Tuesday, May 22, 2012

School Board approves interim construction financing for STEM, Redmond and Eastlake High Schools

Aerial update of STEM Project Site (April, 2012)
UPDATED:  The School board meeting this Monday was better attended by bond salesmen than citizens, as the board held a Hearing to approve two capital bond transactions, keeping STEM, Redmond High, and Eastlake High construction at running at full throttle.

One of the transactions, a $34 million LGO Bond sale, raised cash to cover short-term construction needs until the voter-approved "2012-2017 $65 million Capital Levy" dollars can catch up. The second board action raised $25 million from an aging  "2006 Eight-Year $436 million Capital Bond."  According to Barb Posthumus, district Business Services Manager,  a balance of $11 million remains of the original $436 million Bond.  

LGO's are "Limited Government Obligation" bonds and are non-voter approved.  Read More >>
Superintendent Kimball described it as a stop-gap, construction bridge loan that will eventually be paid back through the existent, 2012 - 2017 Six-Year Capital Levy. When Director Chris Carlson asked for recourse, Kimball answered without the Board's LGO approval "I.C.S. would be delayed 2-3 years." (Remodernization of International Community School (ICS), STEM, RHS, EHS, and the remaining 6-Year Capital Levy projects are managed by HEERY).

Kimball said we committed "to build fast and hard…(and did the same thing with 2006 Bond-funded modernization programs) because of the favorable construction market. For example, said Kimball, at Lake Washington High School we saved $10 million by timing our construction with a favorable bidding climate."  He cited $10's of millions of dollar savings by accelerating construction and several millions savings from the levy and refinanced debt.

School Board Director Siri Bleisner asked Kimball for a summary of projected savings and costs associated with his presentation, stating the Notice and deliberations were short and her constituents may have questions. Bleisner took office early this year.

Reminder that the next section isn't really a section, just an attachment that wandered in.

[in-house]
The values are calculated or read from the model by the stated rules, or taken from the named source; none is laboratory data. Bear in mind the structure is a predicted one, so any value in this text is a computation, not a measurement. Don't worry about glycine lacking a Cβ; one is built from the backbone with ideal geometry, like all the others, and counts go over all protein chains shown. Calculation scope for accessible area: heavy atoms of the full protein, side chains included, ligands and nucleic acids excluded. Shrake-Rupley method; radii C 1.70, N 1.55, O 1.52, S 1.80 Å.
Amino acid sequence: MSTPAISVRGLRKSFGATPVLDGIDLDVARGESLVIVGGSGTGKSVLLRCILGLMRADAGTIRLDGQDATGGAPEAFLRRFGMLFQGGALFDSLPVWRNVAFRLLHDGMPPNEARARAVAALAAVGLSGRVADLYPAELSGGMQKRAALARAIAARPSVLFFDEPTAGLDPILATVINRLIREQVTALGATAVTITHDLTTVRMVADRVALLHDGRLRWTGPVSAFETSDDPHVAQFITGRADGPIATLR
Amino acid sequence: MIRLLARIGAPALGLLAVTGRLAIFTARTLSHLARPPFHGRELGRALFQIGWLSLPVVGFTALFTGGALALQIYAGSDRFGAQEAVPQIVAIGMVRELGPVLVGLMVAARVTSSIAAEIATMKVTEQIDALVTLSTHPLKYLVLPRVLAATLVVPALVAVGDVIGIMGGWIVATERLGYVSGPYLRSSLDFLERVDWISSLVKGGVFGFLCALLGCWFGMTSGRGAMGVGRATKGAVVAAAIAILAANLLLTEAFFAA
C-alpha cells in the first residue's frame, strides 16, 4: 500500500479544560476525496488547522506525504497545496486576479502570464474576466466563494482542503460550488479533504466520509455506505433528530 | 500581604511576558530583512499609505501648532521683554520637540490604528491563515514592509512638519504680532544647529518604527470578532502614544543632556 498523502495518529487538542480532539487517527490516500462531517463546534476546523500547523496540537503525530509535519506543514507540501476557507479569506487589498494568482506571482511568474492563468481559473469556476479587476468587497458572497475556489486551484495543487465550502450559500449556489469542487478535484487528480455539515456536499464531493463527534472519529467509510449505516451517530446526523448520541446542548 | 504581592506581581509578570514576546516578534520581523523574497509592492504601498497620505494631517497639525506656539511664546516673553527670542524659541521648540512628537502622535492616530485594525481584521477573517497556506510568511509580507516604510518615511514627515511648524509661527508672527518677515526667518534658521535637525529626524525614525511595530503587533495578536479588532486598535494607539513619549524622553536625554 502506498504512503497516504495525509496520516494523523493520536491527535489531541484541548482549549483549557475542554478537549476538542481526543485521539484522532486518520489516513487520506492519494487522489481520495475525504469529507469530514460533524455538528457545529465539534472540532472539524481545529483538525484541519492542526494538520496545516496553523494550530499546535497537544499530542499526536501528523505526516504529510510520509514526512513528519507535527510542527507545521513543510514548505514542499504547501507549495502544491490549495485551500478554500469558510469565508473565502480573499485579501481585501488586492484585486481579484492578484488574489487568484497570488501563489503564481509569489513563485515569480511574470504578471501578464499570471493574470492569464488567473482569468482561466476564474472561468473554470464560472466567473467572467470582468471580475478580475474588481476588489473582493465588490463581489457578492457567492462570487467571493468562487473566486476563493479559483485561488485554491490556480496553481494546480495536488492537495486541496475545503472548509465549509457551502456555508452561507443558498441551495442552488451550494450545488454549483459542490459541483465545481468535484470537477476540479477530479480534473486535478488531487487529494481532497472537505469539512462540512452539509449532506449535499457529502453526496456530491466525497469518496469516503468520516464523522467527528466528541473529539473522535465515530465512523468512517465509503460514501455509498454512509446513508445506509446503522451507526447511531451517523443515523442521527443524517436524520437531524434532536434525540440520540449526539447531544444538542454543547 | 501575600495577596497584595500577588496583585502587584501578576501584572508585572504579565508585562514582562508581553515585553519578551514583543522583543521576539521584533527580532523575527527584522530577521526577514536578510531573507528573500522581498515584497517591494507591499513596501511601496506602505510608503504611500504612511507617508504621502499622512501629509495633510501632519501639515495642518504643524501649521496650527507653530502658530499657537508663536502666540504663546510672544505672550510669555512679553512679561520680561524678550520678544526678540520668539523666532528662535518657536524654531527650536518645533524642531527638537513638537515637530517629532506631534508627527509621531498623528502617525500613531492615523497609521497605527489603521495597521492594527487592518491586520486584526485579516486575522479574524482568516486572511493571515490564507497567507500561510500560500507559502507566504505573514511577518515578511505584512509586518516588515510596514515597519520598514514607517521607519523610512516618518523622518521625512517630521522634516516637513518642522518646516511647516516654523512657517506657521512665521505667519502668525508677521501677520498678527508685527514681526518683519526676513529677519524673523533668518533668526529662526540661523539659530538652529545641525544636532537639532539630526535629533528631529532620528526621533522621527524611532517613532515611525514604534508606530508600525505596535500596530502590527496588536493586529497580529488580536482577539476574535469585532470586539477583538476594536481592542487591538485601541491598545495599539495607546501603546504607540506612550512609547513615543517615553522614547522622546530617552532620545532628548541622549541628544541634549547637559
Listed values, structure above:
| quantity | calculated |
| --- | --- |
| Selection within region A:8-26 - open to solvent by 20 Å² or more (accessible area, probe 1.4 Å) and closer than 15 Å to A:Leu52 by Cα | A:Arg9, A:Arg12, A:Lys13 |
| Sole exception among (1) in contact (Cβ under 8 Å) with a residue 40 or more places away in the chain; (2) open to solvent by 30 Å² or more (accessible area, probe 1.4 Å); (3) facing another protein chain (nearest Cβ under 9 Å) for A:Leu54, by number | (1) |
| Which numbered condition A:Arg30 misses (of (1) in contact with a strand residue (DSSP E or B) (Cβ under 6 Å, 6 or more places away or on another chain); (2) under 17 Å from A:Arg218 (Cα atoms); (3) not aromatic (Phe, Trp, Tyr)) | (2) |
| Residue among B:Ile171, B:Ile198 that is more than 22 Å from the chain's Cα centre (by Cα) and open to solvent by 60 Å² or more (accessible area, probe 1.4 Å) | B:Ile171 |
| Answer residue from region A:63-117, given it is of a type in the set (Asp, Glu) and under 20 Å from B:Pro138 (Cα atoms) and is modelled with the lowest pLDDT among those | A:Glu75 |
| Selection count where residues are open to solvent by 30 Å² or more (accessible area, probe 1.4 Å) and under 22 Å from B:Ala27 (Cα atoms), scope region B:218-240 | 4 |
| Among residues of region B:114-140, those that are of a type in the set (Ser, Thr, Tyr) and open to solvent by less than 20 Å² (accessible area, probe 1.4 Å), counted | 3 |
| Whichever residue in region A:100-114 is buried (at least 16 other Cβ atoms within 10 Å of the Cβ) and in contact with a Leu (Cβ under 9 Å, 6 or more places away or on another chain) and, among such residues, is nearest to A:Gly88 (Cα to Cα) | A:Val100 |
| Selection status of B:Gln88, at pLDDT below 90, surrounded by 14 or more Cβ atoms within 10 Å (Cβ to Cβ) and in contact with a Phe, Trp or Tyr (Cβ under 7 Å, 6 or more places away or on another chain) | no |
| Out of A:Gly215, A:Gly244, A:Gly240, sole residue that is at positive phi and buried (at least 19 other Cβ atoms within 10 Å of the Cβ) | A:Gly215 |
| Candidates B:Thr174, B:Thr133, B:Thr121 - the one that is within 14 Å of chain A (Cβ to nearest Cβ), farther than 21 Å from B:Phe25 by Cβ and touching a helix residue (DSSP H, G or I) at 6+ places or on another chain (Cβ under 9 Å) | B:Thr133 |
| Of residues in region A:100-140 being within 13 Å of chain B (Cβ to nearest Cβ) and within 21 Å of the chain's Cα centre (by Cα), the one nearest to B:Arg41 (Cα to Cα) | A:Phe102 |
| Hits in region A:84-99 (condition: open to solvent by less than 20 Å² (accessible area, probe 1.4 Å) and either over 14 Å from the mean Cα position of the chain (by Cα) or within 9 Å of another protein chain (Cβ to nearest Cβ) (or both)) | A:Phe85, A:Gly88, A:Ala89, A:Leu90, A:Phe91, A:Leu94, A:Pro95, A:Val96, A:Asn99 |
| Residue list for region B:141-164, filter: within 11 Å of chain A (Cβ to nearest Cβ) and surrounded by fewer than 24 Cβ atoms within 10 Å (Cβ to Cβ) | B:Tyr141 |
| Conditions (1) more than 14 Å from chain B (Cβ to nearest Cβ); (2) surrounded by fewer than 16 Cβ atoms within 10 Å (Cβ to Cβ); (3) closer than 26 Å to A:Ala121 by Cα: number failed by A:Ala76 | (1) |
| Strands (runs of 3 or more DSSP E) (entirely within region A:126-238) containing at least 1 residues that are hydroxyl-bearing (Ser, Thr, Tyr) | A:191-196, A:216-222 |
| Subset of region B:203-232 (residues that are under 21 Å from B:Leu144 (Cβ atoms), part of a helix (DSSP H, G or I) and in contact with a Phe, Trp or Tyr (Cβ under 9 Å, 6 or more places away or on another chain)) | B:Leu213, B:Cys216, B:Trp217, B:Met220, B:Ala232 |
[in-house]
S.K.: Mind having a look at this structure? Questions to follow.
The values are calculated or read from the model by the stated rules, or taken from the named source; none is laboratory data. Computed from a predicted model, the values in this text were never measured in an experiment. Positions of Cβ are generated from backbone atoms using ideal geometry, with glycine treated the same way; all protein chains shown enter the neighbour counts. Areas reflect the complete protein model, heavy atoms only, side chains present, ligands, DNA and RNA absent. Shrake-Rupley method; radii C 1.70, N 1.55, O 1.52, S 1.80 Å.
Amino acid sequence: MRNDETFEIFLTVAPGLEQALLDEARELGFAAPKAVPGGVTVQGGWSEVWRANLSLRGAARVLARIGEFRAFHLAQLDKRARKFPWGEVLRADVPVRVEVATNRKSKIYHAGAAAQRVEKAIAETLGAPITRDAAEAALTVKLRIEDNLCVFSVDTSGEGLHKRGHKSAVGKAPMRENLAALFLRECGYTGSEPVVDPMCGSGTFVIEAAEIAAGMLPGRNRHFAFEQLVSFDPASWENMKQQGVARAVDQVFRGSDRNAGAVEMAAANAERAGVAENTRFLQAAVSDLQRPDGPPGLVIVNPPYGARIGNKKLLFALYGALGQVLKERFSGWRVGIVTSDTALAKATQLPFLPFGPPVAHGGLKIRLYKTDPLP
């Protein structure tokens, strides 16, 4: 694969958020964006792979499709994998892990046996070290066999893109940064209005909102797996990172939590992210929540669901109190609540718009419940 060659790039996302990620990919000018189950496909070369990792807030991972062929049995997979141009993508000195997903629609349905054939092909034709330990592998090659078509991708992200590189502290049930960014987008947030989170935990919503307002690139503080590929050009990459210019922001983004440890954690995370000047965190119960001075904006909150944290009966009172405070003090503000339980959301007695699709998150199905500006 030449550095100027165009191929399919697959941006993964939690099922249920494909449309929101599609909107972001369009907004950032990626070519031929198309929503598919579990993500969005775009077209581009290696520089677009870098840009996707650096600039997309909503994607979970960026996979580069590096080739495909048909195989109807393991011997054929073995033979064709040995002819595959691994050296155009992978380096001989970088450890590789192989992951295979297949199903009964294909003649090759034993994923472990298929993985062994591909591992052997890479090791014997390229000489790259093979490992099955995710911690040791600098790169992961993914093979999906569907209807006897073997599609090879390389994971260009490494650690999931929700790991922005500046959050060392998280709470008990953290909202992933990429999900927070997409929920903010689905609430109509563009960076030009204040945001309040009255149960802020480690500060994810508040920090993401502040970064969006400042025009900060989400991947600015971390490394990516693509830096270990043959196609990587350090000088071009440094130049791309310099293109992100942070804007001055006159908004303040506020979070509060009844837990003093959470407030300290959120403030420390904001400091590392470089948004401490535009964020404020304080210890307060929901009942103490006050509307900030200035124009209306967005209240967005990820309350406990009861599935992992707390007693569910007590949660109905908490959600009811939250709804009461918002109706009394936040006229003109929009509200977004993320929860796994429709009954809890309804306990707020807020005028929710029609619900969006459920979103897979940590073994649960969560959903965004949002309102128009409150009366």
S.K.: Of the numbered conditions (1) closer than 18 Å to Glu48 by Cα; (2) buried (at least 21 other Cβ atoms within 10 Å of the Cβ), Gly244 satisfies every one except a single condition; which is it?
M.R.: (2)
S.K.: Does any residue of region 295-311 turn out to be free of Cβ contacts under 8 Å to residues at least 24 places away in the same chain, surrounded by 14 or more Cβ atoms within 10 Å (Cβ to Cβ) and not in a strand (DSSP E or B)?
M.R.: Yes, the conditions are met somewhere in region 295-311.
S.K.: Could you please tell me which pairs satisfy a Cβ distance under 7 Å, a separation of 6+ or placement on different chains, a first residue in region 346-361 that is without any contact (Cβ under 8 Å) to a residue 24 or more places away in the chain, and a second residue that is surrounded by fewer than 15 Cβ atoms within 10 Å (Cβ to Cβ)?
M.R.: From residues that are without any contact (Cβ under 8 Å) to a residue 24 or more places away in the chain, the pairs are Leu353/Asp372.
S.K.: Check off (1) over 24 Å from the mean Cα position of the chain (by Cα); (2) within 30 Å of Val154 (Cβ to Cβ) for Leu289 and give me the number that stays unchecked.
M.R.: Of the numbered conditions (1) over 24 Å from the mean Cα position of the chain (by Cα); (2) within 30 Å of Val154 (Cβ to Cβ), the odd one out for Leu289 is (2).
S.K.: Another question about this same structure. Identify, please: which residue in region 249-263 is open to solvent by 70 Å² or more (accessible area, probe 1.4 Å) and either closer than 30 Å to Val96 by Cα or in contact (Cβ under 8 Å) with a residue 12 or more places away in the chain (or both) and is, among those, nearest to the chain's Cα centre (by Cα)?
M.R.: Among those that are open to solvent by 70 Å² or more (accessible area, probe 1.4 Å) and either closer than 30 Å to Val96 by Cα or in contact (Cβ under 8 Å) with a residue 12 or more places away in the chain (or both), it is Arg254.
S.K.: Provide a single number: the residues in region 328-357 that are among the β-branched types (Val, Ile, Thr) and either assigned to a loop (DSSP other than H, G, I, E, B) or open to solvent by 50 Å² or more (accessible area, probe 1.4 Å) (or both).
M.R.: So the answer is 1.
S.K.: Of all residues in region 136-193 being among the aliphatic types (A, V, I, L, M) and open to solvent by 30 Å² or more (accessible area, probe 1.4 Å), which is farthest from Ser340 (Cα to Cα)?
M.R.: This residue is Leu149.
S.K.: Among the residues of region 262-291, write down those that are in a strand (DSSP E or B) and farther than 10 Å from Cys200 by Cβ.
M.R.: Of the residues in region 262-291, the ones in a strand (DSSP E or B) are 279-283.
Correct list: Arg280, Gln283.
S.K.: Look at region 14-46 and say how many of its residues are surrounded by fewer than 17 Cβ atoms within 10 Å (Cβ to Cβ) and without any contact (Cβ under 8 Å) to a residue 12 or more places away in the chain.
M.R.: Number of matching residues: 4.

President Jackie Pendergrass said, "We’ve not had one of these LGO's since I've been on the Board." (17 years). She recommended emphasis on the savings and to post district website updates. 

Kimball blamed this predicament "on us", saying: "The reason why this happened is because we failed the bond measure in 2010. If we had not failed that bond measure we would not be faced with this situation. This was an emergency situation, to deal with a significant overcrowding problem, and we could be faced with this again if we don't pass a bond measure in 2014," referring to the rising elementary populations in Redmond Ridge and the Einstein area. 

Underlying the financial gyrations are two State Auditing Office (SAO) audits, delivered to the Kimball Administration on March 9, 2012, signed by Brian Sontag, State Auditor and released to the public May 21. (See NOTES).  How deep is the hole?  I've filed with the state for district accountability updates.  Comments are welcome.

Stay tuned. 

Bob Yoder

http://www.lwsd.org/About/School-Board/Board-Meetings/Pages/Board-Meeting-Video.aspx  Video-tape of May 21 School Board meeting - skip to construction Bond discussions and approvals

http://www.sao.wa.gov/AuditReports/AuditReportFiles/ar1007756.pdf  SAO Accountability Audit, 3/9/12, includes "certain matters" deserving attention.

http://www.sao.wa.gov/AuditReports/AuditReportFiles/ar1007743.pdf   "Financial Highlights" for fiscal year ending August 31, 2011, on page 10 of the SAO Performance Audit.

Google image:  LWSD construction website source
The 2012-2017 Six-Year capital Facility Plan draft is available by request to kreith@lwsd.org


Anonymous said...

LWSD seems be be holding the taxpayer hostage by refusing to redistrict some of Rosa Parks' 780 students (230 students OVER BUILDING capacity) to Wilder (450 students). This is payback for failing to pass the 2010 bond. LWSD will keep Rosa Parks at 725+ students as Wilder falls to 300 as their guilt trip to pass the next bond to build two elementary schools in north Redmond.
Why doesn't Chip and Co. reboundry Rosa Parks now to alleviate a significant overcrowding problem which could then negate the need for two costly elementary schools in 2014?

Bob Yoder said...

I know Siri and some PTA friends read Redmond blog but I'll pass this onto Traci while they're still openly and actively "in business".

I also think they should "re-district" the STEM school to make it practical for all (teachers, students, parents, school resources.) Recommend they convert the County-based STEM school to a Middle School to adjust for elementary over-crowding and mitigate cannibalization of science teachers from Juanita and RHS. Re-route busing: to send some of the Einstein El students to the "County Middle School." and merge with Alcott.

Beef up LWHS Stem program with real teachers to make it a true STEM school, not one with "lots of notebooks." (and few books/lockers - a forced use approach that could turn off students).

Keep Mike Town at the geographic center of the district as a STEM curriculum facilitator. Don't waste his time by busing him to the County. He'd probably bike anyway, in protest.

[I'll send our comments to the School Board and Sup. Pierce, too.]

Thanks for sparking comment and I hope others join in. The Pierce needs to do something abut STEM and El overcrowding now, not sit on their hands all summer.